A racial discrimination lawsuit filed by a Boeing employee who said co-workers at the aerospace giant's North Charleston campus placed a noose at his desk has been dismissed, according to federal court records.
Curtis Anthony had alleged he was the victim of ongoing racial harassment that also included co-workers repeatedly urinating on his desk and chair and using racial slurs in his presence. Boeing has said there is no truth to the allegations.
The case, which made national news, was abruptly dismissed with both sides agreeing to pay their own costs. Anthony's allegations were dismissed "with prejudice," which means he cannot refile a lawsuit with the same claims.
Boeing declined to comment beyond confirming the lawsuit has been resolved.
A Columbia lawyer representing Anthony did not respond to several requests for comment.
Anthony, an African American employee who has worked at Boeing since 2011, filed the lawsuit in June after he said he found a noose hanging above his desk at the 787 Dreamliner plant.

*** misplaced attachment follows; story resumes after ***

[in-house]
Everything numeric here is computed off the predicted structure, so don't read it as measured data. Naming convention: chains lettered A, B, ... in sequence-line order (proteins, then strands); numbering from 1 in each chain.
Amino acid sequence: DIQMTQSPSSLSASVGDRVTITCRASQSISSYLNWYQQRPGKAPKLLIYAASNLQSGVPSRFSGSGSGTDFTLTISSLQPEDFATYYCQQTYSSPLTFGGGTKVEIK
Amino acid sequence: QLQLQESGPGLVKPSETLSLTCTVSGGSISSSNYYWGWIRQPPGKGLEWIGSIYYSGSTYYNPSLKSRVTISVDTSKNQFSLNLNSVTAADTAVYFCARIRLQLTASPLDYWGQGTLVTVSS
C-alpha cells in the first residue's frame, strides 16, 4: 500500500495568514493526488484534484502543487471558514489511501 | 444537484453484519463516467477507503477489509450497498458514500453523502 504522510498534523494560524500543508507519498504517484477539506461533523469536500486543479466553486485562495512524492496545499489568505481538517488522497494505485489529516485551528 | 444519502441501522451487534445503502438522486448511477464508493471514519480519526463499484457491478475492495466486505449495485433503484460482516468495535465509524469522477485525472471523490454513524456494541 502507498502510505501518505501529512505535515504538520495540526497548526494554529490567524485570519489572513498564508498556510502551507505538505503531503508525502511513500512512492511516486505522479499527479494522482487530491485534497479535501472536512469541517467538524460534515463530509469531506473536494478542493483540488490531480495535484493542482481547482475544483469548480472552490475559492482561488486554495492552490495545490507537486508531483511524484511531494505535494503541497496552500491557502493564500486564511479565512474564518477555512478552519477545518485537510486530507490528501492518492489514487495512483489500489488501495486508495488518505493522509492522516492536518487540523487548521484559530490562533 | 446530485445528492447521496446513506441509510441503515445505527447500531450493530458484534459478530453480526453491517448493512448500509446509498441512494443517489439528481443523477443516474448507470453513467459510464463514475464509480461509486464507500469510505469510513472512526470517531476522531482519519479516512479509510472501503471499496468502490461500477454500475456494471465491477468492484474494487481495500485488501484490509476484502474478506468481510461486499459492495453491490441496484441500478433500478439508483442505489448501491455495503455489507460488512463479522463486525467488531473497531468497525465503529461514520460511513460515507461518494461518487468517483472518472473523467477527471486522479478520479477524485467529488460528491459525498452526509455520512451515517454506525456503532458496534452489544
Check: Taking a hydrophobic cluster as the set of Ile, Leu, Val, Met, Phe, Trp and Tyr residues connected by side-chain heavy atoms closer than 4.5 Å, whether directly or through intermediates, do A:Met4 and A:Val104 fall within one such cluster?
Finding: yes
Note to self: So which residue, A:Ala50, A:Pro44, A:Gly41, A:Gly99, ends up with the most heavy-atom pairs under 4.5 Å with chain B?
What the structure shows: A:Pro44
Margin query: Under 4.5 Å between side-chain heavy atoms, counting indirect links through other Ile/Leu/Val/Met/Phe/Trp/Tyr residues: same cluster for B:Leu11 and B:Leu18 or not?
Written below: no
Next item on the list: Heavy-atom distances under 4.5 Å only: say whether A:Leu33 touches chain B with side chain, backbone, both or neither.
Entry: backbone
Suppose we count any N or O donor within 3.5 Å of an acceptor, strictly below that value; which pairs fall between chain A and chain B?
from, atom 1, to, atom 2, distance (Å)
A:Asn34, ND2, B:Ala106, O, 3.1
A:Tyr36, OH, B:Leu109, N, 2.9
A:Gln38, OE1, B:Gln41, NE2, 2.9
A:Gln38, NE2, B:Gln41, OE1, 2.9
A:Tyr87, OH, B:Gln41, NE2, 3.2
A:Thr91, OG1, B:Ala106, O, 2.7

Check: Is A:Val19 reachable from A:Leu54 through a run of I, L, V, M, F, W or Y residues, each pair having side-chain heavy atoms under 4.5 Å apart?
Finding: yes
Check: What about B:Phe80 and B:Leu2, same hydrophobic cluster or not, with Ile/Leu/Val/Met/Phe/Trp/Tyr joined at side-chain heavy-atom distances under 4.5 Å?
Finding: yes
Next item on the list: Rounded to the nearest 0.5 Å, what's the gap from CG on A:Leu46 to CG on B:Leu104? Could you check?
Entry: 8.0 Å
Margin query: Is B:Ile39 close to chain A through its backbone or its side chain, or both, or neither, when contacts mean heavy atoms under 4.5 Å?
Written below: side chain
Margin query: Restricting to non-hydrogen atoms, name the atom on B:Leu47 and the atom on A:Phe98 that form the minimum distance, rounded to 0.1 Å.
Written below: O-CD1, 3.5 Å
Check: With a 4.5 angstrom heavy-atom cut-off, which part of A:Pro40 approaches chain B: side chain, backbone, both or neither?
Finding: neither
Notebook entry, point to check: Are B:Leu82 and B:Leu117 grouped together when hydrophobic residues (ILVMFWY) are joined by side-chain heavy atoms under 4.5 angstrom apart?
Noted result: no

Boeing previously confirmed it found a "knotted string" hanging in the aft-body section of its plant off International Boulevard, but said it was not found near Anthony's work station. The foot-long "noose" was made of thin, nylon material and differed from the thick-roped, hangman’s noose typically associated with racist symbolism.
Following an investigation, a worker that Boeing said was responsible for the noose was fired in March.
"I am saddened and angered that a racially-charged symbol was discovered on site," Brad Zaback, vice president and general manager of the 787 program, said at the time.
Boeing — one of the Charleston region’s largest employers with about 7,300 workers and contractors — appeared to downplay the racial overtones in its initial response to Anthony's lawsuit. The company added there was "no validity to his allegations."